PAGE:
African crowned crane, Golden crested crane, Golden-crowned crane, East African crane, East African crowned crane, African Crane, Eastern crowned crane, South African crane, Crested crane, Grey crowned crane, African crowned crane, Golden crested crane, G
The grey crowned crane (Balearica regulorum ), also known as the African crowned crane, golden crested crane, golden-crowned crane, East African crane, East African crowned crane, African Crane, Eastern crowned crane, Kavirondo Crane, South African crane, Crested crane, is a bird in the crane family, Gruidae. It is found in eastern and southern Africa, and is the national bird of Uganda.
The elegant Grey crowned crane is one of Africa’s most majestic and beautiful birds. It is the national symbol and the national bird of Uganda. The name is due to its yellow crown of feathers, tipped with black. This crane moves gracefully in a most stately manner with a very dignified gait. In flight it is beautiful, using slow down strokes followed by quick upward strokes of its wings.
The Grey crowned crane lives in eastern and southern Africa, from Kenya and Uganda to South Africa and Zimbabwe, frequenting wetlands, savannahs, open grasslands, and cultivated areas. In parts of East Africa, it occurs in modified habitats like pastures, croplands, and other irrigated areas, while in South Africa, it is found in marshes, grasslands, savannahs, and cultivated fields.
Grey crowned cranes are diurnal birds that spend their days foraging in grassland and areas of cultivation, pecking rapidly to reach the food. They are very territorial with regard to nesting sites; however, as regards foraging sites, no observations have been made of a territorial display. These birds are gregarious outside of the breeding season, roosting together in trees or water. Flocks may include 30-150 individuals. Outside the breeding season, mates will preen one another to strengthen their bond, and perform dances as well. These birds are non-migratory, moving locally and seasonally according to food sources, availability of nest sites, and the rains. Chicks will make a sharp shrill “peeep” when communicating with their parents, who will reply with a “purring” sound. “Oouuw” and “ya-oou-goo-lung” can also be made.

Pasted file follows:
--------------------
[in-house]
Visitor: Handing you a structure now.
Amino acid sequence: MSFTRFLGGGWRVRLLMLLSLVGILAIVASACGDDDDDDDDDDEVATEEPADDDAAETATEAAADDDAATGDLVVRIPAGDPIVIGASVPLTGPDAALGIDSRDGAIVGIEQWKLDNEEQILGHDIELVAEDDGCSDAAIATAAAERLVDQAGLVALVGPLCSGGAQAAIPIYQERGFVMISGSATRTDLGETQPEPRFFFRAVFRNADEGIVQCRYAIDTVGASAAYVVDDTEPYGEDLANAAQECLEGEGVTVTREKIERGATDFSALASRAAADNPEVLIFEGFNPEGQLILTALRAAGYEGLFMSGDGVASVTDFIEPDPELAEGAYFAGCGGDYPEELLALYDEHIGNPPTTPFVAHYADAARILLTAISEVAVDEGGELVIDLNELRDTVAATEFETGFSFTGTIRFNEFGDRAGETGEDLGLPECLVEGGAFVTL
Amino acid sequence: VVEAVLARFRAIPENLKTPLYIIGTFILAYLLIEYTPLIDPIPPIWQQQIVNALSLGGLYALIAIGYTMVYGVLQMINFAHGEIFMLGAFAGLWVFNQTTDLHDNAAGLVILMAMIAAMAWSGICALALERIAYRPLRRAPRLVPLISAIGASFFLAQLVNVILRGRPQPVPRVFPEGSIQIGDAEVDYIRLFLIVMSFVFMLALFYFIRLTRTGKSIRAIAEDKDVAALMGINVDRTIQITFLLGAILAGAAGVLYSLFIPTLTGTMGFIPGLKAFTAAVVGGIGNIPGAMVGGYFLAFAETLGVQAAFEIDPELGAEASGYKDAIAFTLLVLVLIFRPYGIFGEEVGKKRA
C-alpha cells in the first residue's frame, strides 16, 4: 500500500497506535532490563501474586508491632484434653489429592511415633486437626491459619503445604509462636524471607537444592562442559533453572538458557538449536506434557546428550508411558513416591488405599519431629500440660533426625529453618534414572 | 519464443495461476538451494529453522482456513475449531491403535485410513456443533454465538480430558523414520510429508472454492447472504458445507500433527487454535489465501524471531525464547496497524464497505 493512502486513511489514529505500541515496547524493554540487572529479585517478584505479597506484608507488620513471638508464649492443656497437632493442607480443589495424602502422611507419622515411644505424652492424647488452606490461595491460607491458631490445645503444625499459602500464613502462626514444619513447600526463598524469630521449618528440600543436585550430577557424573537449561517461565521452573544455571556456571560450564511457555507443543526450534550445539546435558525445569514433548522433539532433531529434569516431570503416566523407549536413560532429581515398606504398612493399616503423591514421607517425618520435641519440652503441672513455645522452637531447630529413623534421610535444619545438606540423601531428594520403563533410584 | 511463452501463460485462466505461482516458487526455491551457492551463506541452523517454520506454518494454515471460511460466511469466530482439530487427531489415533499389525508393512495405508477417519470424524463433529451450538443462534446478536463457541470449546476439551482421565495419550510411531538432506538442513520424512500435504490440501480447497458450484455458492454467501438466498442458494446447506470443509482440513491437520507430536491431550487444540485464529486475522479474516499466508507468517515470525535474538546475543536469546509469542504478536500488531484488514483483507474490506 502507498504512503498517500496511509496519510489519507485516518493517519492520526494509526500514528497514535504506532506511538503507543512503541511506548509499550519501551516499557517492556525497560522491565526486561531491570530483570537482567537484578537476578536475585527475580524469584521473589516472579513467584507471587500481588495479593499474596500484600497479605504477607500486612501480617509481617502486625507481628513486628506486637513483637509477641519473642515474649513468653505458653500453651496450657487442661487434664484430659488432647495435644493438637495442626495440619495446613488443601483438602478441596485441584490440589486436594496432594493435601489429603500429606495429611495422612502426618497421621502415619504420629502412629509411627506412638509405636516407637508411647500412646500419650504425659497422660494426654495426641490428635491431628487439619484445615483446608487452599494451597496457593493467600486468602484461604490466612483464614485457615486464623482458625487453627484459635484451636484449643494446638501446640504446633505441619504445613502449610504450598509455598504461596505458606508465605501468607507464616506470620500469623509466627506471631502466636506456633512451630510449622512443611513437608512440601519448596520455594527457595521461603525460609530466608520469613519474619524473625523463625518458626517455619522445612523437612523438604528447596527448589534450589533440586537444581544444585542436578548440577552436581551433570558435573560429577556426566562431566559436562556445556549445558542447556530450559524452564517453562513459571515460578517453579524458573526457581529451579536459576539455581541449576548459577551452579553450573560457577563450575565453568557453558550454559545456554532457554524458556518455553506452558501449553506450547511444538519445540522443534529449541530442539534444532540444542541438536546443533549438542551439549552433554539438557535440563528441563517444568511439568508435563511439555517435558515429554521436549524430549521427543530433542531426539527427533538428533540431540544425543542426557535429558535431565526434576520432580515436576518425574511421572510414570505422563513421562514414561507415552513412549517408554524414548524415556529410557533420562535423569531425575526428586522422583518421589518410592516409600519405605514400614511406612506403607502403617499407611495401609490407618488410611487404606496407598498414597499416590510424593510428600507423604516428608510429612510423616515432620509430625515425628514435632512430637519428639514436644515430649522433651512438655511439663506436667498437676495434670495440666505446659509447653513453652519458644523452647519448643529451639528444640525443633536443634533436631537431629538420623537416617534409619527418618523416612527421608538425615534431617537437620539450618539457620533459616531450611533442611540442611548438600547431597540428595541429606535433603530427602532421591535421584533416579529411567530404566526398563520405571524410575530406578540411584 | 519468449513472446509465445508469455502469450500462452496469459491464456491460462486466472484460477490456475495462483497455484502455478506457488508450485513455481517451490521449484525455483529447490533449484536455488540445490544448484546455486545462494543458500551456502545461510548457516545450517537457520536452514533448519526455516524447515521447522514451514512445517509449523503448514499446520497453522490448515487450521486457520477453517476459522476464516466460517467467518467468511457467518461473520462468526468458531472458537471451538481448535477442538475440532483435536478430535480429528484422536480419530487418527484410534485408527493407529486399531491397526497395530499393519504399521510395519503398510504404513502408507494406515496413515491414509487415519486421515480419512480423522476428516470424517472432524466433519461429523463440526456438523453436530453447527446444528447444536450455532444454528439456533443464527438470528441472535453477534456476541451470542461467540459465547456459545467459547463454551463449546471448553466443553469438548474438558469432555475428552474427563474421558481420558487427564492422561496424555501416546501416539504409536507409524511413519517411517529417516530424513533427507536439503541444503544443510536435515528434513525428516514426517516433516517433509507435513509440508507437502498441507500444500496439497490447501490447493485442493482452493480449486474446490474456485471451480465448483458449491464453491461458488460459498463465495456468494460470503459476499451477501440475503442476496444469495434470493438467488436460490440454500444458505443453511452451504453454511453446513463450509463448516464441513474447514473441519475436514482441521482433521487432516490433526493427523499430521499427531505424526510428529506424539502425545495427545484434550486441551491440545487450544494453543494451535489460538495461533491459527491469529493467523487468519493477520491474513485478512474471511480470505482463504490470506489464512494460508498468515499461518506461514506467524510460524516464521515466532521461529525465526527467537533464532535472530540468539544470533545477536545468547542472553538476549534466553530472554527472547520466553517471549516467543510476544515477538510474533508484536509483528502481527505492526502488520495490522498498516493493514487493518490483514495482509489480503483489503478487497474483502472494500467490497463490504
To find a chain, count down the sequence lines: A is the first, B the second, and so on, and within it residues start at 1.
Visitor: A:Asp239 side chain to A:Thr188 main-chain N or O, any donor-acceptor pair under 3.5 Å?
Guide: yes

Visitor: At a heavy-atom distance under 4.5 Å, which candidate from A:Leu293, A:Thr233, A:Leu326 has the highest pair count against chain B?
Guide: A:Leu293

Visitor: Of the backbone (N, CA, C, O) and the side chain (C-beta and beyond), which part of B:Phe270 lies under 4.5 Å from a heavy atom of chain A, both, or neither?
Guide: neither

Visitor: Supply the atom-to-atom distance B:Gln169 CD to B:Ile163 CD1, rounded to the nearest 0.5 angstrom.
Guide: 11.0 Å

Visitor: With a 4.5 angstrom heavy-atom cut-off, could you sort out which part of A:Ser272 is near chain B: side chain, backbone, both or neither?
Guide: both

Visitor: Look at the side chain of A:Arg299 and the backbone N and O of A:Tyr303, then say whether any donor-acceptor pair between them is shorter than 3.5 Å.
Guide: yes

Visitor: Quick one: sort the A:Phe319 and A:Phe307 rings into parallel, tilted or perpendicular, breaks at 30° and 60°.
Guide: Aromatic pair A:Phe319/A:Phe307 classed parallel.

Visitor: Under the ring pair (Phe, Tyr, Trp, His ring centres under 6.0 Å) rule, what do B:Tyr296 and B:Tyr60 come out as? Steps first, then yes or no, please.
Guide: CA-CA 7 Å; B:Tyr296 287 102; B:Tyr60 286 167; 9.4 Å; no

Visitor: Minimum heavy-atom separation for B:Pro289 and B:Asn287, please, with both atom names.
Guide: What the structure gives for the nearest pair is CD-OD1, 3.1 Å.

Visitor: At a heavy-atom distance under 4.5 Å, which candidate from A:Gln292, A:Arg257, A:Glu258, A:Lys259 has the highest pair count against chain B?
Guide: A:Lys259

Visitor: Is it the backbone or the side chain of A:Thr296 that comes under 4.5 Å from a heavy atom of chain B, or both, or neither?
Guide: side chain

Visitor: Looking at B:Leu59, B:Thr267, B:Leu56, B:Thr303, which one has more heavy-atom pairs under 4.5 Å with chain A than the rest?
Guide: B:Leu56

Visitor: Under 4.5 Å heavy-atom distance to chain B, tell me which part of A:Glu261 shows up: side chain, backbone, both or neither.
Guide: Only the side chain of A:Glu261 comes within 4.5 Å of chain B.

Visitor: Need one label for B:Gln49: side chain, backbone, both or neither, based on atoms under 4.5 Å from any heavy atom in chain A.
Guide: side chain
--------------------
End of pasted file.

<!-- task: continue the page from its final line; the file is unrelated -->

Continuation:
Grey crowned cranes are omnivores. They eat plant matter, including fresh parts of grasses, seed heads of sedges, and insects such as grasshoppers, locusts and crickets, and worms, lizards, frogs, and crabs.
Grey crowned cranes are monogamous and mate for life. During the breeding season, these birds perform beautiful displays: dancing, bowing, running, and jumping while making low booming calls that inflate their gular sacs. The calls are made while their head is lowered to shoulder level. Varying with the rains, the breeding season generally peaks from December to February. The pair selects the nest site, within their territory, and will give unison calls from it. They build their nest together. The nest is often placed on the edge of the wetland, rarely in a tree, and hidden in the dense aquatic vegetation. The female lays 1-4 eggs and both parents incubate them for about 50-60 days. Chicks are precocial, can run as soon as they hatch, and fledge in 56-100 days. Once they are fully grown and independent, chicks of different sexes will separate from their parents to start their own family. They reach reproductive maturity at about 3 years of age.
Populations of Grey crowned cranes are rapidly declining, due to degradation of habitat by human development, changes as a result of drought in several regions, the loss of breeding areas from overgrazing and the drainage of wetlands, and also the pet trade, egg collecting, use of pesticides and hunting. Pesticides also kill insects that these birds may otherwise eat.
According to the IUCN Red List, the total Grey crowned crane population size is around 26,500-49,999 individuals, including 17,700-22,300 mature individuals. The largest populations are thought to be in Kenya (where there were 17,000-20,000 birds in 2004), Uganda (13,000-20,000 birds), the Democratic Republic of Congo (about 5,000 birds), and South Africa with 4,000-5,000 birds. Overall, currently, gray crowned cranes are classified as Endangered (EN) and their numbers today are decreasing.
Seeds are a big part of the Grey crowned crane’s diet, so they are probably an important disperser of seeds.